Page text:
These comments by former president Bill Clinton are from an address he gave at the Newark Celebration Event. This is a transcribed speech.
Thank you very much, thank you, thank you. First of all, I want to thank all the little kids for being so polite, and putting up with all these speeches. Let’s give them a big hand, they have been great.
Now, secondly, I would like to say I’m honored to be back in Newark. No town in America was better to me than Newark. Thank you Mayor James and Superintendent Bolden, and to all the principals who are here. And my good friend Congressman Don Paine, and thank you Ray Chambers for being the guardian angel of Newark, and for giving so much of your time, your life and your money to good causes.
I’d like to thank the bands who have played, and especially these young kids up here. I started when I was nine. I know how scared they were today. Give them another hand.
And I want to thank our wonderful entertainers Mariah Carey and India Arie for being here.
I’m not going to give you a big speech, I just want to make two or three points.
Number one, a few years from now, somebody’s going to be on a stage like this, doing what Mariah and India did today. It might as well be you. I’d say Chanez has got a good start ’cause she overcame her fears to come up here today. You deserve a medal, girl. A few years after that, somebody’s going to be on a stage like this, being the congressman, being the principal, being the superintendent. It might as well be you. A few years after that, somebody your age is going to be President of the United States and it might as well be you. And what I want to tell you is, there is a reason that I came here to support James Dolan, and my great friend John Sykes who has made this Save The Music the work of his life and the love of his life.
And that is, that I’m not sure I would have become president if it hadn’t been for music. And I want you to know why, because it might as well be you. There is going to be in your time, several African-American presidents, several Hispanic presidents and several women presidents in your lifetime. ..it might as well be you. When I was elected president, there had only been one governor from a small state in the whole history of American elected president, nobody from Arkansas. When I was born, my mother was a widow. When she re-married, my step-father didn’t graduate from high school. I don’t think I’d have been president if it hadn’t been for music. .And I’m lots older than you are. I’m…well…I’ll soon be 55 and that’s ancient, right? I started when I was nine, and I still remember the name of the man who taught me to play saxophone, when I was nine – George Grey. I still remember my first choir director, Lillian Rutherford. I still remember both my junior high school band directors, Joe Allduskin and Carol Powell. And my high school band director, Virgil Sperlin, is my friend to this day; because on more than one occasion, when I was broken hearted, confused, had trouble at home, had all kinds of problems, he was there to lift me up and make me believe in myself. It might as well be you. And, you got to understand, I still thought I might be a professional musician when I was 16, ’cause I was better at what I did than anybody I knew. And then one-day I had to realize, that I might be better than anybody I knew, but I would never be great. So I had to spend my time doing something else.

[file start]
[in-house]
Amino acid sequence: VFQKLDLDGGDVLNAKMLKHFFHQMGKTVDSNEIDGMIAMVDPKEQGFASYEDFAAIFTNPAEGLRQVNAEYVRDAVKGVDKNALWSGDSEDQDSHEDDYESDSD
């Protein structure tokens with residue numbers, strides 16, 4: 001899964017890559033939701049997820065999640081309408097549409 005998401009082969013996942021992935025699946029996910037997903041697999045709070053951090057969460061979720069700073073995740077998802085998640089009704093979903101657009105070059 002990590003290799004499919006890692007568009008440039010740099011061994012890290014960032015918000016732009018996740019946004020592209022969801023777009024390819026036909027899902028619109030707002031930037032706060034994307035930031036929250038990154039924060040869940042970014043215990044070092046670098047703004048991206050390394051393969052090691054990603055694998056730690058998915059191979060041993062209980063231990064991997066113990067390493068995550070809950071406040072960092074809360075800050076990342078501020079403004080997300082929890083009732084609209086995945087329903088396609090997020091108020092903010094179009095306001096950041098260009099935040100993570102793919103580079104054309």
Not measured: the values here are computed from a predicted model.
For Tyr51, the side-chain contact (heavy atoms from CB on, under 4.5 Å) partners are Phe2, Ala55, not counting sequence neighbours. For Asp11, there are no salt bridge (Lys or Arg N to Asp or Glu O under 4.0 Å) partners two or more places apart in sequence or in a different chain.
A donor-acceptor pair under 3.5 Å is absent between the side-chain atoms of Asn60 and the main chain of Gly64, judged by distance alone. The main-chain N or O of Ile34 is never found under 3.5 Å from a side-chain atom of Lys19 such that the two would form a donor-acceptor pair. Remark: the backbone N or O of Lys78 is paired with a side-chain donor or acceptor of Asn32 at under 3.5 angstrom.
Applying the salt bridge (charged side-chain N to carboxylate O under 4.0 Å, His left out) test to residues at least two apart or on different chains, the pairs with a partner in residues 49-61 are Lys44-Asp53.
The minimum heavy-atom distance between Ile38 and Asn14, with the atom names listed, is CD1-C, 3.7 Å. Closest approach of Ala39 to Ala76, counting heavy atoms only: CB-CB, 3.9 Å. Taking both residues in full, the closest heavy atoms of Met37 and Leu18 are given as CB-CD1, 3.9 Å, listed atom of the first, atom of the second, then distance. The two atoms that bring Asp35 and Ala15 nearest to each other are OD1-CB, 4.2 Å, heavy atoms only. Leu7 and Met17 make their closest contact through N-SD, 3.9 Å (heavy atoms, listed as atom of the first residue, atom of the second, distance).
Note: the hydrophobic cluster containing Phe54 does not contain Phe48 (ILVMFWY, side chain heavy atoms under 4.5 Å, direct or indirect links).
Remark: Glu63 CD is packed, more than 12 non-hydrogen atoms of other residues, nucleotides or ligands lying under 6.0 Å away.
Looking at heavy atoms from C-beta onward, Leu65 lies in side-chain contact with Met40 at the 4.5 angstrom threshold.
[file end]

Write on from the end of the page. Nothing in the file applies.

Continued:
I never stopped loving music. It taught me both discipline and creativity. It taught me to be an individual and how to play on a team. It taught me how to take initiative and how to be patient. All these kids here, if you know any of them, you ought to give them another hand after they leave, because, let me tell you something, if you’re blowing on one of these instruments, you have to sound bad for a good while before you start to sound good. You think India just picked up that guitar and made it sound good the first time? It might as well be you. But you have to understand what music does for you. First of all, it makes you use all of yourself. I was asking John Sykes if my ears were bad or if Mariah Carey could still hit 5 octaves. Now, you probably won’t be able to do that, but the point I want to make is music, if you’re gonna be good at it, it requires your mind and your body; it requires your heart and your soul. And when you give everything to something, it unleashes your dreams and gives you the confidence that you can live your dreams and therefore it is very good preparation for life. By the way, it also really does help you develop your mind, so that schools with music education programs have kids who do better in reading and math and science. That’s actually true. This is good for you in the short run. But I’m interested in your dreams and your spirit. So, I’m very grateful to the mayors and the superintendent and the school board and everybody who is bringing music education back to Newark. And I just want to tell you, when this is all over, if you don’t remember anything else, remember that music can give you your dreams. It will teach you hard work, it will break your heart and make you so happy you can’t stand it, if you stay with it. Just remember, it might as well be you. And music can help take you there.
Thank you and God bless you.